Schulte says this is a flawed argument. In this particular case, the woman recovered fairly well with a reasonable quality of life. “But if you change the facts a little bit, it can get very dicey,” says Schulte. For instance, the woman could have suffered another stroke after being resuscitated against her wishes, putting her into a persistent vegetative state, and lived another 10 years at the cost of $100,000 a month. “Who owns that? According to the hospital, not them — they saved your life,” says Schulte.

In most states, if a healthcare provider withholds or provides treatment consistent with the patient’s stated wishes on a MOLST or POLST (Physician Orders for Life-Sustaining Treatment) form, they are immune from lawsuits alleging negligence. “That is a pretty powerful defense to any subsequent claim from family members saying, ‘Why didn’t you intubate?’ or ‘Why didn’t you give them heart stimulant drugs?’” says Schulte.

While providers have immunity for acting in accordance with patients’ wishes, providers are legally exposed if they contradict patients’ wishes. If a patient has a documented MOLST or POLST form, says Schulte, “You get immunity for following it, but you don’t have immunity for violating it.”

Previous court rulings have looked at whether receiving unwanted care can be recognized as a compensable injury. Most have said it does not.3 “The queasiness of the courts in these cases reflects, in my judgment, a collision of philosophy, religion, and of medical ethics,” says Schulte. “But I think the ice is cracking a bit.” This may be due in part to a growing awareness of the medical and financial consequences that follow a decision to give aggressive end-of-life care against a patient’s stated wishes.

A recently filed lawsuit involved an 89-year-old woman who was resuscitated despite having DNR and DNI orders, and lived another six months. The woman’s daughter sued, claiming that her mother endured unwanted pain and suffering as a result of the prolonging of her life.4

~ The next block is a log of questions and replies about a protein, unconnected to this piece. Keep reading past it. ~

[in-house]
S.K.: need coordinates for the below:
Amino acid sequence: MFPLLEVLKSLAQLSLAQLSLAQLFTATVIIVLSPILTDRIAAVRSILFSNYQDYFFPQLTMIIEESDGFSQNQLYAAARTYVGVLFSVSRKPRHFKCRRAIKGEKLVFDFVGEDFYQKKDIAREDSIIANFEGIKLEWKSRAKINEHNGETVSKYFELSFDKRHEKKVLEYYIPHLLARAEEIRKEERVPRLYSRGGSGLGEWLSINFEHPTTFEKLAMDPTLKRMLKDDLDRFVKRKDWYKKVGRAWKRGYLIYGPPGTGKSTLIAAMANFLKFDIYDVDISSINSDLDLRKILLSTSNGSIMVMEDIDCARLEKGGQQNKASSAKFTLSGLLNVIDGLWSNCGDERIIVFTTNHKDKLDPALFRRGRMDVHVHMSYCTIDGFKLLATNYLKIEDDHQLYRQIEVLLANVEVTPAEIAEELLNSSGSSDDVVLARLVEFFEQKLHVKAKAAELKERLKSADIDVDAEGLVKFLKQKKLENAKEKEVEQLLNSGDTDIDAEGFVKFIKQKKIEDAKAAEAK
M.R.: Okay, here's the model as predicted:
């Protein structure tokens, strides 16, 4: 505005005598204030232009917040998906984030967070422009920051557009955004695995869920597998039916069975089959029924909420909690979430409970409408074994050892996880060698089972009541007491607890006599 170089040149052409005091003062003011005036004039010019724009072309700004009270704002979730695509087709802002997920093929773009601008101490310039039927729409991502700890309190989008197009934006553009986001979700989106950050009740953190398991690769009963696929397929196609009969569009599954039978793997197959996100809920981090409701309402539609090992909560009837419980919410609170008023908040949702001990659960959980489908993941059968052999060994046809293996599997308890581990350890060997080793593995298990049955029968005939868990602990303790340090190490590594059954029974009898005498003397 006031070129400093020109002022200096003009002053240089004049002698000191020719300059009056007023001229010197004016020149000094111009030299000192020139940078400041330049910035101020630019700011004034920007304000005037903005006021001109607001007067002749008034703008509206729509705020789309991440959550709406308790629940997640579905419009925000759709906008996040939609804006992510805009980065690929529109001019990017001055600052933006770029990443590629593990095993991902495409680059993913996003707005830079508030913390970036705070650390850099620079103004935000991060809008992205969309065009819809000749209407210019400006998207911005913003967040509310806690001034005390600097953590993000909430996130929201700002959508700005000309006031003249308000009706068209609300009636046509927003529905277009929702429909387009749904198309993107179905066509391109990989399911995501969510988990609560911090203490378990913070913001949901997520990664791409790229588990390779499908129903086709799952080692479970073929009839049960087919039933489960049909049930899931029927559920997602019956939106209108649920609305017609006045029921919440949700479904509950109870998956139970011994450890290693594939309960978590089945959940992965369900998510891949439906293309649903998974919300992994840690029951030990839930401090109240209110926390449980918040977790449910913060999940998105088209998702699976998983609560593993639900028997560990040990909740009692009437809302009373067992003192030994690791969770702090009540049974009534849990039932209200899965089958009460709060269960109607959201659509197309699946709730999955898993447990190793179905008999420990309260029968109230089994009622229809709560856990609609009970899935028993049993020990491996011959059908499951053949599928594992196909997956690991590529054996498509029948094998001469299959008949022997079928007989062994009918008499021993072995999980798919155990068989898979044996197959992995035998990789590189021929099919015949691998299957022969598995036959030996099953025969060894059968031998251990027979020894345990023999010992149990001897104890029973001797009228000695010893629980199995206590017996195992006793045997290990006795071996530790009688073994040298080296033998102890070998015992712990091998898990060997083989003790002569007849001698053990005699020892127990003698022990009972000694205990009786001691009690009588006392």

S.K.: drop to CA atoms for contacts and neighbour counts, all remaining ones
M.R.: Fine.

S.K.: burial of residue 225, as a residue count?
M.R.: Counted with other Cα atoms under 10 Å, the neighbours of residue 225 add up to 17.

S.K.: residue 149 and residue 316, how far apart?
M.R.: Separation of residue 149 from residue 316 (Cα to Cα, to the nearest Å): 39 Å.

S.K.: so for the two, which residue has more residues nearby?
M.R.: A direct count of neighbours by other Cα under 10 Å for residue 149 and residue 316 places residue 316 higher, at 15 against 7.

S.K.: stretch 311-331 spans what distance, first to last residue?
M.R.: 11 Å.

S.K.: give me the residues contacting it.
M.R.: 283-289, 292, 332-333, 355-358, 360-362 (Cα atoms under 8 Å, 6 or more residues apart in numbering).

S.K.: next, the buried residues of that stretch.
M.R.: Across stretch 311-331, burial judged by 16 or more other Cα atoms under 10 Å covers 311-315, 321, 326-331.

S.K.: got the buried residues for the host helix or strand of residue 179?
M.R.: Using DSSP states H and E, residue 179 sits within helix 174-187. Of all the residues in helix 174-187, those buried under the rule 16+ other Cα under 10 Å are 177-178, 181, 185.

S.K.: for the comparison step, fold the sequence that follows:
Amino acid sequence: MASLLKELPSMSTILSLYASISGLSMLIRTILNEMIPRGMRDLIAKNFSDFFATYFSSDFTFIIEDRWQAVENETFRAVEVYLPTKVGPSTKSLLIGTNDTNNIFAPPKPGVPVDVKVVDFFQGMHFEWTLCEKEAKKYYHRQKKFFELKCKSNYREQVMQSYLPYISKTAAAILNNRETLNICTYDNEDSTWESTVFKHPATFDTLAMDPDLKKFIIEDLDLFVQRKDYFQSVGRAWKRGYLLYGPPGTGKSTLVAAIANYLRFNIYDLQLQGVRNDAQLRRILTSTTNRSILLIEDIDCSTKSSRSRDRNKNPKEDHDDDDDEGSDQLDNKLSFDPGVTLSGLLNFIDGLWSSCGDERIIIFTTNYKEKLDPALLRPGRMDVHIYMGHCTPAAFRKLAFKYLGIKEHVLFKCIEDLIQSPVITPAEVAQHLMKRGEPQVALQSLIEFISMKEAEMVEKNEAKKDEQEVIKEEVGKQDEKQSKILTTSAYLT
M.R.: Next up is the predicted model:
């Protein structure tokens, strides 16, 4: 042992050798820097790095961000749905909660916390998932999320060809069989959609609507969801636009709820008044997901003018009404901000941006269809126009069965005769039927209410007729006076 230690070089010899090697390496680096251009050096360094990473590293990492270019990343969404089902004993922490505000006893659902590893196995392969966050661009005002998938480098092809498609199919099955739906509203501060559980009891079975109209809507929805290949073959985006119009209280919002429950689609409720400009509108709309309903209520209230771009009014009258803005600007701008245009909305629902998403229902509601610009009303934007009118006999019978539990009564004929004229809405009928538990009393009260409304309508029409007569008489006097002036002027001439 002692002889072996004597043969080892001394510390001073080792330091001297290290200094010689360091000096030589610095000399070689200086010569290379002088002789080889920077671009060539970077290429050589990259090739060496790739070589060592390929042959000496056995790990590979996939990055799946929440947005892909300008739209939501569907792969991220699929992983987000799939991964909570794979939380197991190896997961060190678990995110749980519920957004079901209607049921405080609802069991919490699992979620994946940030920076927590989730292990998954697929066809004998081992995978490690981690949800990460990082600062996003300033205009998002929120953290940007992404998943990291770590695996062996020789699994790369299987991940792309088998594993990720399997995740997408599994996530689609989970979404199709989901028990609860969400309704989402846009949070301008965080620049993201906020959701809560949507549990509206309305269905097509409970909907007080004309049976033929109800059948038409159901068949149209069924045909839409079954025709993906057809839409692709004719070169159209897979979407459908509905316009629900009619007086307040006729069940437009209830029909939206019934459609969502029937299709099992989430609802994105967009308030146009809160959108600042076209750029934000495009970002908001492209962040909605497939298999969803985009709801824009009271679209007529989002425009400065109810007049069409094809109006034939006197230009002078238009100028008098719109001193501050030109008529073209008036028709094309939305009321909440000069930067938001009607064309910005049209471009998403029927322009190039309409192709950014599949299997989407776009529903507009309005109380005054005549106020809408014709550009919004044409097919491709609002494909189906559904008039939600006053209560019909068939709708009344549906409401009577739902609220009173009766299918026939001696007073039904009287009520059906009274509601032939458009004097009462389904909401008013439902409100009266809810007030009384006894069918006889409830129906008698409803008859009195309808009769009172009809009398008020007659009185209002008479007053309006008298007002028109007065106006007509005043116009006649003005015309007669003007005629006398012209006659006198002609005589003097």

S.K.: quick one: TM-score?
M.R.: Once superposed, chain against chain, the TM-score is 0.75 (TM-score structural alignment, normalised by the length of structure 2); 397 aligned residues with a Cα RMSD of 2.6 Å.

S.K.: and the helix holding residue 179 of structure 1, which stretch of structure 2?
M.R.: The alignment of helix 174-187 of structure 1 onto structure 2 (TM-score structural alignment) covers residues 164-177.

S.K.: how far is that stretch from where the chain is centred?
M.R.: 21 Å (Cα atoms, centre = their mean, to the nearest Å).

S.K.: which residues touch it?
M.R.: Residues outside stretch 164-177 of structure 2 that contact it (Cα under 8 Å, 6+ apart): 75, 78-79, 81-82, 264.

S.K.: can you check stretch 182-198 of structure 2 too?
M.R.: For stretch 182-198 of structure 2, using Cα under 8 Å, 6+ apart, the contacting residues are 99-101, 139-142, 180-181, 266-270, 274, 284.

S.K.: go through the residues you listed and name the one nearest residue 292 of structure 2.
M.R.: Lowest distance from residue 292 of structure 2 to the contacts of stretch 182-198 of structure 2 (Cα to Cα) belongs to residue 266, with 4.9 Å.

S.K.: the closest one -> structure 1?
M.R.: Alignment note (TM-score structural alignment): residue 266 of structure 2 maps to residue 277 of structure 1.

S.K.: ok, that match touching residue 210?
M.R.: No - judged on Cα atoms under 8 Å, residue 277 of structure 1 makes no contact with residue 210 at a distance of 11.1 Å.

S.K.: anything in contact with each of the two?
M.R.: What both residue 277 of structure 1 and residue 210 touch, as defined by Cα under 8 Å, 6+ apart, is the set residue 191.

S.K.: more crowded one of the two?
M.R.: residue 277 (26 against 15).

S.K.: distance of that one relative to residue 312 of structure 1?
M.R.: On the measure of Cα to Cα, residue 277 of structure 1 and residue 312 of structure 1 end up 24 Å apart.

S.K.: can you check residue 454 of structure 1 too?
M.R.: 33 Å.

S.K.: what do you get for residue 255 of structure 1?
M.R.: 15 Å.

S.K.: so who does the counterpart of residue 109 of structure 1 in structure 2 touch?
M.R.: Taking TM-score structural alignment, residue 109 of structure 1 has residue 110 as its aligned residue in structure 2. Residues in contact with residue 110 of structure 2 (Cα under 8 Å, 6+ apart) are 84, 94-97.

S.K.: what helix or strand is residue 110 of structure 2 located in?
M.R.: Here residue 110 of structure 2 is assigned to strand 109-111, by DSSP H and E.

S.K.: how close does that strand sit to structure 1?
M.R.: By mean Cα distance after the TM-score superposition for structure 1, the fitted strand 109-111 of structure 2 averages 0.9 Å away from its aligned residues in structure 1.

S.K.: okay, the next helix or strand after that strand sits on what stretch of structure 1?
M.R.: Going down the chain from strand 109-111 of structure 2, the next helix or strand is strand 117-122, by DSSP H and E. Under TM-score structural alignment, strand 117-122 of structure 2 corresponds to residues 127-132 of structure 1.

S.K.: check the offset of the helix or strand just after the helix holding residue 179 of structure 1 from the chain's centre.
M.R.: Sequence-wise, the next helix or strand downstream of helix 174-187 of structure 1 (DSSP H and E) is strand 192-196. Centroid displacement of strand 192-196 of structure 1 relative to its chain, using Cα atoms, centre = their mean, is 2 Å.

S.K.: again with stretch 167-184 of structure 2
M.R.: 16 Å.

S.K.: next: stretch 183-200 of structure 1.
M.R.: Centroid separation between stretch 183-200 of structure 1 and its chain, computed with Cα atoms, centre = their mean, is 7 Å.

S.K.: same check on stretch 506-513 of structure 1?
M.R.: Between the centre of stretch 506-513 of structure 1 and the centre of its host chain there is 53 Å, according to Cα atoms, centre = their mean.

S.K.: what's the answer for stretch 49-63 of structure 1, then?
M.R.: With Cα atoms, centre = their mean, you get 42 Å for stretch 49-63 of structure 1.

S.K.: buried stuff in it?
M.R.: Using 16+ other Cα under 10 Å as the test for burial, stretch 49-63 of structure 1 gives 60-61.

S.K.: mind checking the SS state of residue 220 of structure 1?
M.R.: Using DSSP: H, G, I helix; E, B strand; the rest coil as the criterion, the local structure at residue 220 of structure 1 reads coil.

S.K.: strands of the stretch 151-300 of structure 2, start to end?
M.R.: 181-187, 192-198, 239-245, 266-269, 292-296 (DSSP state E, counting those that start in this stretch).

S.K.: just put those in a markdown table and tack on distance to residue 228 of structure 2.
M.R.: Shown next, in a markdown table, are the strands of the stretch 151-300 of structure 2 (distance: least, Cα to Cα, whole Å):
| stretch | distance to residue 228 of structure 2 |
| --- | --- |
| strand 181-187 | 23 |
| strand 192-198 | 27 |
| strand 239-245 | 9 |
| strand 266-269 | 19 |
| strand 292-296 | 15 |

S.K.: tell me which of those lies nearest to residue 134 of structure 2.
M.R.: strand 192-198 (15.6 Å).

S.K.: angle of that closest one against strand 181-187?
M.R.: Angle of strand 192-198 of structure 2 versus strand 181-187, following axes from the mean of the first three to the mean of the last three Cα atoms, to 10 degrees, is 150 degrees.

“The law does give us the undeniable right to say what is to happen when our final hour comes,” says Schulte. “Unfortunately, in practice, I don’t think we’re quite there yet. It may take some more cases.”

Ryan R. Nash, MD, MA, FACP, FAAHPM, director of the division of bioethics at The Ohio State University College of Medicine in Columbus, is aware of several lawsuits alleging patients were harmed by unwanted treatment.

“Generally, the cases aren’t outlandish. They are not claiming anything other than the physician or hospital failed to follow their own policies,” says Nash.

In addition to ensuring that policies on advance directives are followed, Nash says physicians and staff should be making an effort to confirm the patient’s code status.

“If you have a patient with a poor prognosis, not knowing the code status at handoff is not meeting the standard of care,” says Nash. A common example: A patient is admitted from the ED and an advance directive noting the patient’s DNR status is provided — but physician orders don’t reflect this.

“If they give resuscitative efforts when patients have explicitly stated they don’t want it, then they are not meeting the standard of care,” says Nash. Often, information on the patient’s wishes is available somewhere — whether on a paper document handed to an admissions person, or somewhere within the electronic medical record (EMR) — but isn’t readily available when it’s time to make a decision. “We don’t need to be making default decisions. Right-sizing of care is what we want, for the right treatment that is desired, not refused treatment,” says Nash.